photo by Barbara Goldberg
A Recent Study Ranks Niger as the Worst Place to Be A Mother
Save the Children has released its 13th annual State of the World's Mothers Report, listing Niger as the worst country in the world to be a mother. The organization ranked 165 countries based on a number of factors, bringing to light the day-to-day struggles that lead to long term and sometimes fatal consequences in a mother's life. Most factors had to do with malnutrition, a problem that can often be solved by one simple thing: easy access to clean water.
With Mother's Day fast approaching we are all reminded of what it means to be a good mother. If you are lucky enough to have a loving mother whom you cherish, you understand the reason for this May holiday. Perhaps when you're picking out the best and brightest bouquet at the local florist, you are reminded of your childhood and the sacrifices your mother made to give you the best and brightest future. Unfortunately, as this report proves, many women are not given the opportunity to go above and beyond for their children. More often, they fall short of providing the basic necessities for their children due to circumstances that are out of their control.
Here are some statistics that demonstrate the grave state of mothers in Niger and other parts of the world:
-In Niger, 1 in 5 children dies before his or her 5th birthday
-171 million children (27% of ALL children in the world) are irreversibly mentally and physically stunted due to malnutrition
-In Niger, almost every mother will lose at least one child in her lifetime.
-Malnutrition is the cause of death of 2.6 million children a year
-Breastfed children are 6 times more likely to survive the early months of childhood
Nigerien women will walk for miles everyday to find and carry back as much water as they can to provide for their families. Because of this, mothers are often unable to breastfeed their babies, a necessary component of nourishment in the most crucial stages of the babies' lives. Human breast milk provides all the nutrients newborns need for healthy development and also provides antibodies that protect against illness.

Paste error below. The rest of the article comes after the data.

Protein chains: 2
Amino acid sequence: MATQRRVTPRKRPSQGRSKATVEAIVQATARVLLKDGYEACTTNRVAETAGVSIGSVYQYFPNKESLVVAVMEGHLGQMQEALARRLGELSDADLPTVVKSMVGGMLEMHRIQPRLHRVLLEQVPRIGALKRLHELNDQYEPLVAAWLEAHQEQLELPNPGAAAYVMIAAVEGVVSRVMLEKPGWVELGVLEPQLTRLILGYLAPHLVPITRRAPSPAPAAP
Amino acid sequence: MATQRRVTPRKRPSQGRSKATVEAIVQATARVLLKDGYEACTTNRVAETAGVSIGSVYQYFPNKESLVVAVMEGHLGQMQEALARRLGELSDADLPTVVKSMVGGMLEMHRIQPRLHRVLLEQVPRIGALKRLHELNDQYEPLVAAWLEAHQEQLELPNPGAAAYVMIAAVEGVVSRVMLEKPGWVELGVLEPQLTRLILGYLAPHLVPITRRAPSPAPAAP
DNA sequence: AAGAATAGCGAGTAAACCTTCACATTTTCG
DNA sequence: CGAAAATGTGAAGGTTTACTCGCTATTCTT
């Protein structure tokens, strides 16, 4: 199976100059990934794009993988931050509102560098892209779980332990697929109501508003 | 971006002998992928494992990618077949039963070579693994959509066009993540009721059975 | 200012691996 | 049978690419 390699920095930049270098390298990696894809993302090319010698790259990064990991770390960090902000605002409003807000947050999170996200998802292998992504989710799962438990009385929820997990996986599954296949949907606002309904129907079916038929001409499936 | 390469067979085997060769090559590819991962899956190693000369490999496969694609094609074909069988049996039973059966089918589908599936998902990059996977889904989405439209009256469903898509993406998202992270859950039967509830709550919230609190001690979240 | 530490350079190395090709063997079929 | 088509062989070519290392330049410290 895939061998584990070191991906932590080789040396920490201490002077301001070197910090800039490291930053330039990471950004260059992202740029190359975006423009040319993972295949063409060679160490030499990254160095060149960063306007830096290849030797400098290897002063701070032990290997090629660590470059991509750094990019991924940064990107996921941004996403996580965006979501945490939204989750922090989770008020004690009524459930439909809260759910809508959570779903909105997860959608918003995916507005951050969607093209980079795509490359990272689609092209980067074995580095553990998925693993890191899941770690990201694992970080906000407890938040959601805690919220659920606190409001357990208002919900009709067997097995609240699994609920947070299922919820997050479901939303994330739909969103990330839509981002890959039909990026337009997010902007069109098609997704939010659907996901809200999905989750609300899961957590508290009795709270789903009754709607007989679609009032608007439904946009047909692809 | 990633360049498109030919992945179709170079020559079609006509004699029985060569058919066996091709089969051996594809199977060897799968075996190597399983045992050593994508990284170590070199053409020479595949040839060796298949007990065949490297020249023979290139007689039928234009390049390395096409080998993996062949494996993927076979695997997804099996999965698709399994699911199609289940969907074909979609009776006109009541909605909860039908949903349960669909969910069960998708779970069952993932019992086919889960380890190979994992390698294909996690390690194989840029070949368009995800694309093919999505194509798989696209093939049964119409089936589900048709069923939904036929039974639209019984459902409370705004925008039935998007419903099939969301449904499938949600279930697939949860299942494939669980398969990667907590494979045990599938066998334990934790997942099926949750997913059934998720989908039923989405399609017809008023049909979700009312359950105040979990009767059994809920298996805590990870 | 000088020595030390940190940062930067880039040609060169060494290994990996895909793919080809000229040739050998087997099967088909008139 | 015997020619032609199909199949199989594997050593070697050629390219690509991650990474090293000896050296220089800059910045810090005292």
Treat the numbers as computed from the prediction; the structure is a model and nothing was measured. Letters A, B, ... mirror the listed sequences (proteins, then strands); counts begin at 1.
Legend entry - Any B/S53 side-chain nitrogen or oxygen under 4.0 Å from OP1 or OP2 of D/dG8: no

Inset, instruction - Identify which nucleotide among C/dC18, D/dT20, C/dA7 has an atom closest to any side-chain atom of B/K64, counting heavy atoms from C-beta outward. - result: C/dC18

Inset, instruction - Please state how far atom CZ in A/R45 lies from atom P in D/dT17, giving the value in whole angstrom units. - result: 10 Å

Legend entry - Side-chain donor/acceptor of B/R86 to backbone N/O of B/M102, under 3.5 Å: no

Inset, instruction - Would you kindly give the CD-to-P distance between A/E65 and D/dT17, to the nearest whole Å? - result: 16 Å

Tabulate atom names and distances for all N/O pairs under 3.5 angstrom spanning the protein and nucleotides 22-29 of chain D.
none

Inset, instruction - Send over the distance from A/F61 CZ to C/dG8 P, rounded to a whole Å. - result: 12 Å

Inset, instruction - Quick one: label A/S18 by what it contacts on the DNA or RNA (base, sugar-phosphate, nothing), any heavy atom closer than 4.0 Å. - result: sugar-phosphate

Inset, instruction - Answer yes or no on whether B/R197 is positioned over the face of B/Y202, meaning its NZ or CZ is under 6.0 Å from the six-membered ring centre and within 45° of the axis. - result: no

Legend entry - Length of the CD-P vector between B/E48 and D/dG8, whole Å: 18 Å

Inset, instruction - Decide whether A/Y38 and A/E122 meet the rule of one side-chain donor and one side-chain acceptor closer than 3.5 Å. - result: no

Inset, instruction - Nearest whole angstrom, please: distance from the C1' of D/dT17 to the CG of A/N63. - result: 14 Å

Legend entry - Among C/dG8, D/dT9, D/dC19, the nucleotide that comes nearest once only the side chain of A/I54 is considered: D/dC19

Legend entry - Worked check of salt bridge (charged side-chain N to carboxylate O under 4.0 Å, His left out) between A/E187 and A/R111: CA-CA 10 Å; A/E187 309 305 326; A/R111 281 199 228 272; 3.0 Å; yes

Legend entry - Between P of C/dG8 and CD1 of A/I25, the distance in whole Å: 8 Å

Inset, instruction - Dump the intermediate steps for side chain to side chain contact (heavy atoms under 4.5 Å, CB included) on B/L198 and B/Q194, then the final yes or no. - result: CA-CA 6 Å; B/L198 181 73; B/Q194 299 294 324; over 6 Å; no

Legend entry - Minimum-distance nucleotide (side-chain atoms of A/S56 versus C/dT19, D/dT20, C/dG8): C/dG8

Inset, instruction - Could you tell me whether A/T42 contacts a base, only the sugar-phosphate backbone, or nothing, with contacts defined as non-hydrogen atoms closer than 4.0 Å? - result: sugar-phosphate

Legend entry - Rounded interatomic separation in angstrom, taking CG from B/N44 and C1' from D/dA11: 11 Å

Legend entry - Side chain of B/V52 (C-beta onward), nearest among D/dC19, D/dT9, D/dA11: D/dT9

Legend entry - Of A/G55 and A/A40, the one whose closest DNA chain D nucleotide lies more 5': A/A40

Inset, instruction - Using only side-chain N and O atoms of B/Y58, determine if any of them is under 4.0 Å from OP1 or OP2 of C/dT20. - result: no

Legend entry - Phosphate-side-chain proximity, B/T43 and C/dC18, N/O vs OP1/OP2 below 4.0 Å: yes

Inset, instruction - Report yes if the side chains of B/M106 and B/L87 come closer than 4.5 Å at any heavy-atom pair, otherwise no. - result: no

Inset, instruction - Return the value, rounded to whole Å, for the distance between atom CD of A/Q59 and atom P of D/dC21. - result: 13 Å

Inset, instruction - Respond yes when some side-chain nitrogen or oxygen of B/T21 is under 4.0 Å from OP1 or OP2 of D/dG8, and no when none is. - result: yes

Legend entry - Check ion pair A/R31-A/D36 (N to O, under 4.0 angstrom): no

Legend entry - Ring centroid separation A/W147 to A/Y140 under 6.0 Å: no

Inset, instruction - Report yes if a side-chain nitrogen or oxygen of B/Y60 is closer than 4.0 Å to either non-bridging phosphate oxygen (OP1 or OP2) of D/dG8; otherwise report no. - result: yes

This daily journey to find water also leaves no time for women to maintain jobs, earn income, or receive education about health and nutrition. The lack of water in Niger also trickles down to agriculture, making it difficult for villages to grow food and provide necessary nutrients to children and child-bearing women. Nearly half of stunted children were irreversibly effected in utero due to the malnourished state of the mother, often due to lack of clean water.
photo by Gil Garcetti
To put it simply, drilling a well in a Nigerien village frees up roughly 50% of a mother's time. If nothing else, this gives her time to 1. breastfeed and 2. become educated in things like: how to provide long term nutrition to her family and how to obtain the skills necessary for earning an income. These two simple things could mean life or death to a child in Niger, and we can help.
This Mother's Day, we encourage you to see your own nurturing mother in the women of Niger. Take the time to think of the ways you can honor these mothers along with your own.
If you choose to donate in honor of your mother, grandmother, or other important woman in your life, we will send her a customized donation certificate featuring the photo above. Thank you, as always, for helping us save lives with safe water.
Save the Children
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